We all know that monsters TEND TO BE hairy and ugly. They have the appetites of vultures and pointy teeth and bad breath. They’re creatures of dark corners, shadowy woods, and moonless nights. Monsters are criminals, killers, and demons. But what do we make of a ghost who is also a protector? Can we still call her wicked? What if hideous exteriors house kind hearts? Two new titles for young adults challenge readers to reexamine their ASSUMPTIONS ABOUT MONSTERS, AND THEMSELVES.
In Rin Chupeco’s gruesome page-turner, “The Girl from the Well,” the ghost narrator knows that she is evil — but was not always so. More than 300 years ago, Okiku was a servant girl working for the lord of Himeji Castle in Japan; she was alive and in love. But a murderous betrayal turned her into what she is now: a yuurrei, “a spirit that cannot rest.” Okiku seeks violent vengeance for wronged children. “I exist in a state of dreamlessness,” she says, “a series of finite instances where I think little of things and dwell on the wonders of nothing.”
Though she is merciless in her vendettas, Okiku develops an uncharacteristic softness for a tormented American teenager, 15-year-old Tarquin “Tark” Halloway. Before Tark’s Japanese mother, Yoko, went mad, she marked his body with mysterious tattoos whose meaning seems as threatening as the evil spirit that resides within him. Okiku becomes fascinated with Tark and his cousin Callie. And even though it is against her yuurrei nature, she protects the two as they strive to understand the demon inside Tark and how to rid him of it. Ultimately, their quest takes them to Yagen Valley in Japan where Yoko once served as a miko, a powerful exorcist.
Chupeco’s debut is based on the same Japanese legend that inspired the Japanese horror movie “Ringu” as well as the American remake, “The Ring.” The novel’s weaknesses (e.g., the dialogue can be stiff and too packed with information, and Tark and Callie are overshadowed by more interesting characters) are easily overlooked. The most fascinating scenes contain darkly mesmerizing characters, such as a little girl named Sandra who can see ghosts, a psychopath called the Smiling Man, and the miko of the Chinsei shrine. Chupeco gives her best and most rhythmic passages to them and Okiku, who draws readers into the narrative with the depth of her broken soul and the majesty of her hard-won strength.
Like Okiku, the creatures and people who populate the stories in “Monstrous Affections: An Anthology of Beastly Tales” resist easy categorization: They are sometimes good, sometimes villainous, sometimes in between. The kraken in Paolo Bacigalupi’s “Moriabe’s Children” devour sailors and ships, but they also SERENADE and comfort Alanie, a fatherless and hopeless girl. Allison, the daughter of a theomancer, causes death and chaos in Nathan Ballingrud’s “The Diabolist,” but does so out of loneliness and confusion.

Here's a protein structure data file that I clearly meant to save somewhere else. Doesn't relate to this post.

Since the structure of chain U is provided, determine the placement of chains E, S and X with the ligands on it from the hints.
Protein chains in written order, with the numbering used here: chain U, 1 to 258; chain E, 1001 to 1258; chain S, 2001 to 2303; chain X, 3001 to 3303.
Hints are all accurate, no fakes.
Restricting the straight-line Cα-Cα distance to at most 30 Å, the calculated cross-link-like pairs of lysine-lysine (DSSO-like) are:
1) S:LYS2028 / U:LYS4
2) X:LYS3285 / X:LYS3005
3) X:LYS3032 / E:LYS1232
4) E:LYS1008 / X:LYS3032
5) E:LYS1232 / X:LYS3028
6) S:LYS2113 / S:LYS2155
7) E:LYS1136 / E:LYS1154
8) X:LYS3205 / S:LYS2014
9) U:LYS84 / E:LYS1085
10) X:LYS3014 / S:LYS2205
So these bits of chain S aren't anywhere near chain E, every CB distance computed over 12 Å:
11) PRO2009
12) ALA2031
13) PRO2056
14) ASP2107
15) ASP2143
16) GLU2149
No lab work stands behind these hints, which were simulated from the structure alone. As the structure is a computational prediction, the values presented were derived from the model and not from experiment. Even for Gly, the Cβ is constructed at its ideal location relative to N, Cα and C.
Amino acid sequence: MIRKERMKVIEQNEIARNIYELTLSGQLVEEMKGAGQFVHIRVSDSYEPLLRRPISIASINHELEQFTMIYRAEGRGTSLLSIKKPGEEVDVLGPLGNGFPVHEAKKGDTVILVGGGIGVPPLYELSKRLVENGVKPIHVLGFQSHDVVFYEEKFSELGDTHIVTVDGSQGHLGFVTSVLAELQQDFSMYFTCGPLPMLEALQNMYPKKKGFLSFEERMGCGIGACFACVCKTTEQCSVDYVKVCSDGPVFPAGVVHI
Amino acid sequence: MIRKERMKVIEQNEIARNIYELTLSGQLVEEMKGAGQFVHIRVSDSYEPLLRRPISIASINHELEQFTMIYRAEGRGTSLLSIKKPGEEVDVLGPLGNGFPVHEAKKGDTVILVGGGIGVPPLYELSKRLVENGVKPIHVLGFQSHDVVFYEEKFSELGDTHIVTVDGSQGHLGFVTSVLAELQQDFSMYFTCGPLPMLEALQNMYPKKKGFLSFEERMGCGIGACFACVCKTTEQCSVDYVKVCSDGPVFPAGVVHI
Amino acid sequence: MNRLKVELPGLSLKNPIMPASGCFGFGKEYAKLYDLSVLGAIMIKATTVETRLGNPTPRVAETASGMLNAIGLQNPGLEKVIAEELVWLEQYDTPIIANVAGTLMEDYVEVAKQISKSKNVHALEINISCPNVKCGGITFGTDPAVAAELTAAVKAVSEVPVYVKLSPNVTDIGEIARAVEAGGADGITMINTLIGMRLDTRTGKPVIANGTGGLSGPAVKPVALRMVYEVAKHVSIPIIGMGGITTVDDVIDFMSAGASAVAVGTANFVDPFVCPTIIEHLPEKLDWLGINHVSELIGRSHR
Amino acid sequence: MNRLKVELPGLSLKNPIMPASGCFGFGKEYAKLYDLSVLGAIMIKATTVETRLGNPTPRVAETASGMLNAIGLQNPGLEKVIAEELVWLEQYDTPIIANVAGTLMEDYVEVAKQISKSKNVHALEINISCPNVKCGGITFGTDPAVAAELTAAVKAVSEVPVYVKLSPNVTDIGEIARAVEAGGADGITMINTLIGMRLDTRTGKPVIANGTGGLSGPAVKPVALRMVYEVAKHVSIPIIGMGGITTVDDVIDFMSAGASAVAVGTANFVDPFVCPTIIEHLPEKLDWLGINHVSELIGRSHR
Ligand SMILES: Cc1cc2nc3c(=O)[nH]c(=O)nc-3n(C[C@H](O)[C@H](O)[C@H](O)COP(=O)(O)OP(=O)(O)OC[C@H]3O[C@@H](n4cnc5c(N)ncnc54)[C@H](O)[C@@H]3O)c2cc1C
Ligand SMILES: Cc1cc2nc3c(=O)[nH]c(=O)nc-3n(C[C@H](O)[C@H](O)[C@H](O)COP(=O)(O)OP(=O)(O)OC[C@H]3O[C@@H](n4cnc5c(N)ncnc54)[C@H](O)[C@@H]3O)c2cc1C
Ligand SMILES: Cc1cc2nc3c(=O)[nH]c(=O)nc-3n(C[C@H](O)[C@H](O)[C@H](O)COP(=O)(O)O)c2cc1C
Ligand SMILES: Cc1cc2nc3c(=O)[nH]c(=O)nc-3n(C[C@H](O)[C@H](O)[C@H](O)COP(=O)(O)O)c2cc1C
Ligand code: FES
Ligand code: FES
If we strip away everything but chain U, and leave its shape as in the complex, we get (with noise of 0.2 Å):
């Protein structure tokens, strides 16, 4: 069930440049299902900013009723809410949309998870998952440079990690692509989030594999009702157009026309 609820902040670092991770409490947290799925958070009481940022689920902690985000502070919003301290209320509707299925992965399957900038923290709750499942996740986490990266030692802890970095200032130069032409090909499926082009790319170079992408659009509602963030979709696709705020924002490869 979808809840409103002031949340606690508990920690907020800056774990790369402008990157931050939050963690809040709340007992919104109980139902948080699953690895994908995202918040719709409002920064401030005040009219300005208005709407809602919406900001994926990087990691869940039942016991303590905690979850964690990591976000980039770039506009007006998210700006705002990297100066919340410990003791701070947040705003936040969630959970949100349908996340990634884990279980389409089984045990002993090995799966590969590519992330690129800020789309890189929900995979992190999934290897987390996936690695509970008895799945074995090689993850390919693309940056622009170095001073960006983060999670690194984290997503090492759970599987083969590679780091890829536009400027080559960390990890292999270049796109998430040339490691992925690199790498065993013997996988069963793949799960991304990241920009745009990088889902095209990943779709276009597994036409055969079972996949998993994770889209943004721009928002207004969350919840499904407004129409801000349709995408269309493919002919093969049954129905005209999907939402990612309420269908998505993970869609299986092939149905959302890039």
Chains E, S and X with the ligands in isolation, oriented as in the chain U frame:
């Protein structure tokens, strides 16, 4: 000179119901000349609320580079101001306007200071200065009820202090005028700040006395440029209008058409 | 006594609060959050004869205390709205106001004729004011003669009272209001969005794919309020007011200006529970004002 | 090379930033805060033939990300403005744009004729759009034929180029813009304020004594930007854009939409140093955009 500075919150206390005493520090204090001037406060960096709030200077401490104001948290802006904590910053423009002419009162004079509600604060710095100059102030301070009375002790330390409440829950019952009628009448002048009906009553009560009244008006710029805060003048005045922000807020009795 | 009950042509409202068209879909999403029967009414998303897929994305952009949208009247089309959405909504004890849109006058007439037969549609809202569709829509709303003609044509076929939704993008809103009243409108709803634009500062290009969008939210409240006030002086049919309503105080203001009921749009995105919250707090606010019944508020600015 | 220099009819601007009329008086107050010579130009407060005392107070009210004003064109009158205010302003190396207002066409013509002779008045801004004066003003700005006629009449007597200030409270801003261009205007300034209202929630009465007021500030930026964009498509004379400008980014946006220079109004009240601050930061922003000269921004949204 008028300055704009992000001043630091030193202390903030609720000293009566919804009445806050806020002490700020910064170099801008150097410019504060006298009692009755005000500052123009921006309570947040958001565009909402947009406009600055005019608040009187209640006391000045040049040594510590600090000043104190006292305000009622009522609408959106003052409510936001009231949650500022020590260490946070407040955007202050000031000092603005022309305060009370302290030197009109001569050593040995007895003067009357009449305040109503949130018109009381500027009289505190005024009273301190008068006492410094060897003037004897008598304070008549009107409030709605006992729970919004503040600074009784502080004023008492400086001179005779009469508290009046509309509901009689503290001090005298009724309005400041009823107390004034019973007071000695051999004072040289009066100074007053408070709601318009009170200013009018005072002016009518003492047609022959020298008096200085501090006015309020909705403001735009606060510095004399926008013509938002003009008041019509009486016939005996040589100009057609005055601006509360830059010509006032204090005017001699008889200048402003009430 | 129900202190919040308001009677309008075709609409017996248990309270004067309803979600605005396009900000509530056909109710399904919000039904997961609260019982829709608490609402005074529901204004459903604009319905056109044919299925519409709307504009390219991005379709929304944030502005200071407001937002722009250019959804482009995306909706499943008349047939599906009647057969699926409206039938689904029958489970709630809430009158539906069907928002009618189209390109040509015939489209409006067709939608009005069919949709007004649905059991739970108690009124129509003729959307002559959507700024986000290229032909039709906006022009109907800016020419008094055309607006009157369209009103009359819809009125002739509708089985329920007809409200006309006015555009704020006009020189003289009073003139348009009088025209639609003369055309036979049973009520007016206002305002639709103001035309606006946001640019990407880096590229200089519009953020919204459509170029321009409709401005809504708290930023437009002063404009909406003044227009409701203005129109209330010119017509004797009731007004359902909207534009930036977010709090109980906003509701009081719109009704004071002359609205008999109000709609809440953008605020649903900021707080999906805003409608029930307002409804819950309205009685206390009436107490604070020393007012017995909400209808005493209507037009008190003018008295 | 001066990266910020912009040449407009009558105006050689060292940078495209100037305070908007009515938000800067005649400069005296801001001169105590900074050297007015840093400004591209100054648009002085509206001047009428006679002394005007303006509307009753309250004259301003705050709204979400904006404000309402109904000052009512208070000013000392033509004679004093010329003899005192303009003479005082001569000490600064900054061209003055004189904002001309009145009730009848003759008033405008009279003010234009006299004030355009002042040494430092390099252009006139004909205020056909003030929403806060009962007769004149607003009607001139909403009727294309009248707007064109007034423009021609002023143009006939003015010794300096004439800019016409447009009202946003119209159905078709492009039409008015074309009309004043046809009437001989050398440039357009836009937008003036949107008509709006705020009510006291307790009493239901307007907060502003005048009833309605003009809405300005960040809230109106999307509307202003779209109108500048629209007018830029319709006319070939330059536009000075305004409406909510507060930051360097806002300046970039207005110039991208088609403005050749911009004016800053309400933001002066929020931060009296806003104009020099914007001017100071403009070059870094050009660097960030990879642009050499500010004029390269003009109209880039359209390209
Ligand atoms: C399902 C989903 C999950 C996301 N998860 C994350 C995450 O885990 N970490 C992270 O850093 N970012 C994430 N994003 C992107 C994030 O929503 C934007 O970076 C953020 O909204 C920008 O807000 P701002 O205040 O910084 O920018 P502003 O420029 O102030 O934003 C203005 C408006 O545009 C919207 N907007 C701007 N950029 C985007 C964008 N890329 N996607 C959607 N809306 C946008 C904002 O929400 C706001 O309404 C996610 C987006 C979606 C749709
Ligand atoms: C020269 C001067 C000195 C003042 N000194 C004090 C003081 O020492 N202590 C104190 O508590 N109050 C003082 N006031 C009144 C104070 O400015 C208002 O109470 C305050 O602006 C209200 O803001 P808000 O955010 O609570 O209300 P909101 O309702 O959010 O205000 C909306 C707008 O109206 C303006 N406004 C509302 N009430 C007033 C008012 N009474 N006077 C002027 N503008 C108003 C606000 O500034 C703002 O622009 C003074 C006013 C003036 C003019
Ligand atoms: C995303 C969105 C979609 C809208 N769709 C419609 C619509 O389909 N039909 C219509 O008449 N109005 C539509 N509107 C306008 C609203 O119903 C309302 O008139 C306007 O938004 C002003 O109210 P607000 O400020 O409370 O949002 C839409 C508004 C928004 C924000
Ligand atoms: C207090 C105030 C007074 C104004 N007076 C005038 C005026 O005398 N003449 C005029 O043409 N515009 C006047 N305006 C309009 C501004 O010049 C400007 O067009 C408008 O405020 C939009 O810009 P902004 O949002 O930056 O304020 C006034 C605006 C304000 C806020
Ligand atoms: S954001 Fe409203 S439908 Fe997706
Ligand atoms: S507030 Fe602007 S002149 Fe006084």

The other 13 tales in “Monstrous Affections,” which include a graphic-novel style story by Kathleen Jennings, are similarly provocative. One would expect no less from veteran anthology editors Kelly Link and Gavin J. Grant, who introduce their latest collection by asking, “Doesn’t everyone wonder, at some point in their lives, if they are monstrous?”
M.T. Anderson’s “Quick Hill” is one of the more original tales. World War II is killing the young men of an unnamed New England town abroad and a maleficent force is murdering men, women, and children at home. Does it make the townspeople selfish and vile because they ask teenager Don Thwait to sacrifice himself to save many? Is the spirit who calls herself “Mom” and haunts four teenage girl Korean adoptees in Alice Sola Kim’s “Mothers, Lock Up Your Daughters Because They Are Terrifying” purely malevolent? Or is it possible she’s benevolent, too?
Beautiful language keeps many stories from bending under the weight of the sad events at their centers. In G. Carl Purcell’s “The Mercurials,” America is a dystopian wasteland. Young Blank finds solace from the ugliness and banality of his life by searching for treasures (rubber gloves, a dead clock, etc.) in ruins. Most people would look at the inside of Blank’s neighbor Nit Steven’s house and see a mess of junk. Not Blank. For him, the collection of “critters” and bric-a-brac makes the place “. . . a marvel of beautiful scavenge.” In Nalo Hopkinson’s “Left Foot, Right” Jenna is mourning for her sister Zuleika who died in a car accident. “In Jenna’s dream, she drowns with her sister. Every night, she drowns.” Heartache, guilt, loss, grief, these things, too, are monsters.
Not all the tales of “Monstrous Affections” are well written, but even the disappointing ones explore brave themes, raising questions about sexuality, secrets, violence, and identity. “So maybe it’s not a bad thing that monsters exist,” write Link and Grant. “Maybe the world should be different. Maybe we ought to spend more time being monstrous, being strange, being different.”